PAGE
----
AccLab Zambia partners with the Copperbelt University and the National Institute for Scientific and Industrial Research to Launch a University Innovation Pod
The UniPod Comes to Zambia: Creating Spaces for Youth Innovation
July 14, 2023
The Accelerator Labs in Zambia in partnership with Copperbelt University - Directorate of Research, Riverside Campus (CBU) and National Institute for Scientific and Industrial Research have birthed a first of its kind, University Innovation Pod (UniPod) in Zambia. The UniPod is a physical space being constructed at CBU offering opportunities for:
These efforts are aimed at refining innovations, developing solutions, and building skills that promise to help students from low-income families in fabricating, prototyping, and developing their innovations into viable ventures.
With a seed investment of USD600,000 from Timbuktoo — the UNDP’s new Pan-African financing project — the CBU is set to build a state-of-the-art Pod.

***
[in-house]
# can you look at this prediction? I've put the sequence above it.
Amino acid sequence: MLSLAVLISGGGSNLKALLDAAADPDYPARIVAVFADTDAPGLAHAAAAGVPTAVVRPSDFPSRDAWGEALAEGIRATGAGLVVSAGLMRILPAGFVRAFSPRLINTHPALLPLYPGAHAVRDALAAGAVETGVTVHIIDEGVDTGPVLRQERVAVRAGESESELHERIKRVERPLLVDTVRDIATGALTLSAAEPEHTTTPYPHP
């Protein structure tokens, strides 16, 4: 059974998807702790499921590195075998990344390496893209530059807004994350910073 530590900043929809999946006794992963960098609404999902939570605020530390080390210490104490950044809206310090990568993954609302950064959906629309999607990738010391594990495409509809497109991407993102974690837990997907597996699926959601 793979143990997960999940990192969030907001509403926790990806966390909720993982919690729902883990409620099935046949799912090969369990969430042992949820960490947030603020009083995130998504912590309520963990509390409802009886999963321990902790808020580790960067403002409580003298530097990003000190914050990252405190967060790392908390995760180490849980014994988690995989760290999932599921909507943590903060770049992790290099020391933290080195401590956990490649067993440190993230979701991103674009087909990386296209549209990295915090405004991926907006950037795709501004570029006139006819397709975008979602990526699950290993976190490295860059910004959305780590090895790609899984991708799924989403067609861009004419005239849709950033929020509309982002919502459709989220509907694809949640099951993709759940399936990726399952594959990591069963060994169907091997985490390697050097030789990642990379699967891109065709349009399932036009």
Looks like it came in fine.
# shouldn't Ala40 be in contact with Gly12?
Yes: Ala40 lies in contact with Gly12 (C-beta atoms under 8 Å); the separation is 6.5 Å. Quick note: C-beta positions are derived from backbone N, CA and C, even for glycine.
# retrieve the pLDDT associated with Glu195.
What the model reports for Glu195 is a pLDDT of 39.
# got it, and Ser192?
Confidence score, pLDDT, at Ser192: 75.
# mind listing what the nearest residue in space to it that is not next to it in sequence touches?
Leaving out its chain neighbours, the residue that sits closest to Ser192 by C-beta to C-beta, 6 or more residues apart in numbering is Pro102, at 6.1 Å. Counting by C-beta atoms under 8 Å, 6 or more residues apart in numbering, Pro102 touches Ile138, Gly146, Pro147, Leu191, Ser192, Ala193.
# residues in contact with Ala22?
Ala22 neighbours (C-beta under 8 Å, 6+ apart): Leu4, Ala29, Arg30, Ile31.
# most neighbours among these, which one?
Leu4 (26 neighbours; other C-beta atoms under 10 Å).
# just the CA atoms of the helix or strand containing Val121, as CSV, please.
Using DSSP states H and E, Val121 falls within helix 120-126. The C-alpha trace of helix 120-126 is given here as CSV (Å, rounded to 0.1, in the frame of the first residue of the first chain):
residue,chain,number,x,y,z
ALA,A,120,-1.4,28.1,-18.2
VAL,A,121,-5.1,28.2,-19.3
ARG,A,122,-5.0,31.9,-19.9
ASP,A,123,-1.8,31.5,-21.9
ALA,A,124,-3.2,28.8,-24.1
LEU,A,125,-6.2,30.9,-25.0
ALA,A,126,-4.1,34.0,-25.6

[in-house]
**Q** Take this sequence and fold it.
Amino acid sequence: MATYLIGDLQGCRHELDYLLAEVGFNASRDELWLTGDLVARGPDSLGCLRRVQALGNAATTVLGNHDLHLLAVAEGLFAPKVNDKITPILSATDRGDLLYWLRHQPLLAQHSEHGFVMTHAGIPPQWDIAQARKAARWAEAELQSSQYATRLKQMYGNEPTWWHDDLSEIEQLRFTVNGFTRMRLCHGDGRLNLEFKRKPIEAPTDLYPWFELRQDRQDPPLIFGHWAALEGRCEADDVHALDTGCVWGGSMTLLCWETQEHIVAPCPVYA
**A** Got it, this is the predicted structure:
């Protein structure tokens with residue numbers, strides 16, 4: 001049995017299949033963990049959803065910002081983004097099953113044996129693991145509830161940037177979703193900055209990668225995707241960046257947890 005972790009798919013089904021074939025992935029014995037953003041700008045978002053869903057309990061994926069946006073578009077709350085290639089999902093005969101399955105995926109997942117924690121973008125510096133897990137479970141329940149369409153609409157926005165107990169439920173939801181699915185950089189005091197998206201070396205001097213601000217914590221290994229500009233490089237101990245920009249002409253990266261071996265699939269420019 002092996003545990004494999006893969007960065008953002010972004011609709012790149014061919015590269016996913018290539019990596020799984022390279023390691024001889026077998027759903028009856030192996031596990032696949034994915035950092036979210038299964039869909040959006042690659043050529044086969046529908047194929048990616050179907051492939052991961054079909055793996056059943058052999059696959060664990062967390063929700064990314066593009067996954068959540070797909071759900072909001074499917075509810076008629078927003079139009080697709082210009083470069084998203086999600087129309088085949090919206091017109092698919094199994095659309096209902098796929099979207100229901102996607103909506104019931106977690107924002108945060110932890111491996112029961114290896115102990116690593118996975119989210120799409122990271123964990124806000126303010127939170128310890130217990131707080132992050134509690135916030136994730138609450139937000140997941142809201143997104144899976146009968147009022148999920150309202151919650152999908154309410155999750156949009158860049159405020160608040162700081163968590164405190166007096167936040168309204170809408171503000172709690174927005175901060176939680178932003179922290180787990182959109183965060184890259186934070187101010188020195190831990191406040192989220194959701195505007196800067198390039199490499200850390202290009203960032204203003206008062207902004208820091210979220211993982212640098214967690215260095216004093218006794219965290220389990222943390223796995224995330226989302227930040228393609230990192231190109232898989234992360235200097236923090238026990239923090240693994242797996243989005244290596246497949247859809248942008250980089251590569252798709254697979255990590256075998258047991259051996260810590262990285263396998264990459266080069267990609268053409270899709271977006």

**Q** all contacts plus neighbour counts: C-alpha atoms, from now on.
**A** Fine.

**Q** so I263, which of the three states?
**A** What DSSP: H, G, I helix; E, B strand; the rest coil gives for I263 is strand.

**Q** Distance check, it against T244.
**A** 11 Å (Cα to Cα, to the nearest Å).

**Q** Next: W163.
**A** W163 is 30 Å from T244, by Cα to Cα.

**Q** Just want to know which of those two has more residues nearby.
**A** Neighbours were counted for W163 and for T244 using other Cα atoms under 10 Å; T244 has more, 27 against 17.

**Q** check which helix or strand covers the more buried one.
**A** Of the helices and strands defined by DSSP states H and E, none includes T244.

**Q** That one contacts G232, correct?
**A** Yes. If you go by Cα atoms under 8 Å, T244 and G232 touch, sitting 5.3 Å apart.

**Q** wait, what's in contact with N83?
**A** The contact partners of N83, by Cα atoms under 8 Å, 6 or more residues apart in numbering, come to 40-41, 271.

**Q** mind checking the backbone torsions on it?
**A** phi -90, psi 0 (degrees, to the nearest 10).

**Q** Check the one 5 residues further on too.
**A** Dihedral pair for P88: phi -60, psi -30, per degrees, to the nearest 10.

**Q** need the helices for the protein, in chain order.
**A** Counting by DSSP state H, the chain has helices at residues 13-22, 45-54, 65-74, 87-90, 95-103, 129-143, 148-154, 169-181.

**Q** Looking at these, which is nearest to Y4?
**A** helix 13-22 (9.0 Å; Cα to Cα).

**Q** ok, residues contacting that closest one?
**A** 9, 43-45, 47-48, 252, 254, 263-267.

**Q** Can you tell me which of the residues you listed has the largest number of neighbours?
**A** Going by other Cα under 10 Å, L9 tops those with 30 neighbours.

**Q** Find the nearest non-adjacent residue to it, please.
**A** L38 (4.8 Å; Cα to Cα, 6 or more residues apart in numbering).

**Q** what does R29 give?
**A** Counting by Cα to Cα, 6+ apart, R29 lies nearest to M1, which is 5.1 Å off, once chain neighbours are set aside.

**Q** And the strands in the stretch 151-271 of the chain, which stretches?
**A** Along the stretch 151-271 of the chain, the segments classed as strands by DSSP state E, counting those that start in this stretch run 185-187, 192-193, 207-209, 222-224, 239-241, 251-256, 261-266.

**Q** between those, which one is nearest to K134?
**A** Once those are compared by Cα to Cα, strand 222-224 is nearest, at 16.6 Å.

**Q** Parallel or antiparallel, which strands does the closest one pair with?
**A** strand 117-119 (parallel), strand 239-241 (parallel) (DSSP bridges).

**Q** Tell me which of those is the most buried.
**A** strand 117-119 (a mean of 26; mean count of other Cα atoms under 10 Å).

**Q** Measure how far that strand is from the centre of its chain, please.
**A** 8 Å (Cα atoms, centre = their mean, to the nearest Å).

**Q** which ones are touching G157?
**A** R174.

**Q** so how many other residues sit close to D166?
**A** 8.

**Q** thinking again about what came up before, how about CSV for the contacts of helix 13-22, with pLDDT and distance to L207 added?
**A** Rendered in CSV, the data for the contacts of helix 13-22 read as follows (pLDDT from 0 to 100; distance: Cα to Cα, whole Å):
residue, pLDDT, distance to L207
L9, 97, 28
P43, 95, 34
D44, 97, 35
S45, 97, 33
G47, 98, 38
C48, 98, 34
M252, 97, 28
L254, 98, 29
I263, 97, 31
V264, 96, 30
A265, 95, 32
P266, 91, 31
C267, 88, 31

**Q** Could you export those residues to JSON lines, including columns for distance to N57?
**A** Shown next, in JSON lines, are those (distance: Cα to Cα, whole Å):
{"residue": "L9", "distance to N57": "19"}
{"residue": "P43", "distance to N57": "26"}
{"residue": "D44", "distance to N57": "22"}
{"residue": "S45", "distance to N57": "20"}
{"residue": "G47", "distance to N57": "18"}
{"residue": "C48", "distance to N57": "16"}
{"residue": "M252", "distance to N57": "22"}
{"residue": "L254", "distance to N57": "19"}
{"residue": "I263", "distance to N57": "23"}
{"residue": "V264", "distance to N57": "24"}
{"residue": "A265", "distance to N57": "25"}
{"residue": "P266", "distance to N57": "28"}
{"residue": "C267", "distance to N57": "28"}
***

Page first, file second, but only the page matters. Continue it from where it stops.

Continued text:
Prof John Bwalya says, “It is platform for young minds to design solutions to societal problems. A national asset to benefit the whole country. Ministry of Technology and Science - Zambia Director, Ms. Jane Chinkusu sees it as a centre that will translate what youth are doing into development programs for the nation. Stakeholders in the innovation eco system drawn from government, private sector, and civil society organizations all emphasized the importance of partnership and skills sharing for the UniPod to succeed.
Voices of past National Innovation Initiative (NII) awardees jointly supported by UNDP Zambia and the National Technology Business Centre (NTBC) highlighted their expectations from the #UniPod, for it to provide innovators with mentorship, marketing skills, knowledge on mindset change as innovations and new products/services are being introduced to society, and opportunity to test their innovations in communities.
Other expectations included the need for the UniPod to support the creation of an enabling innovation environment compounded by the numerous regulatory guidelines, some of which were not applicable in Zambia, and tedious patent and copyright processes that resulted in high production costs and barriers to launch innovations on the market.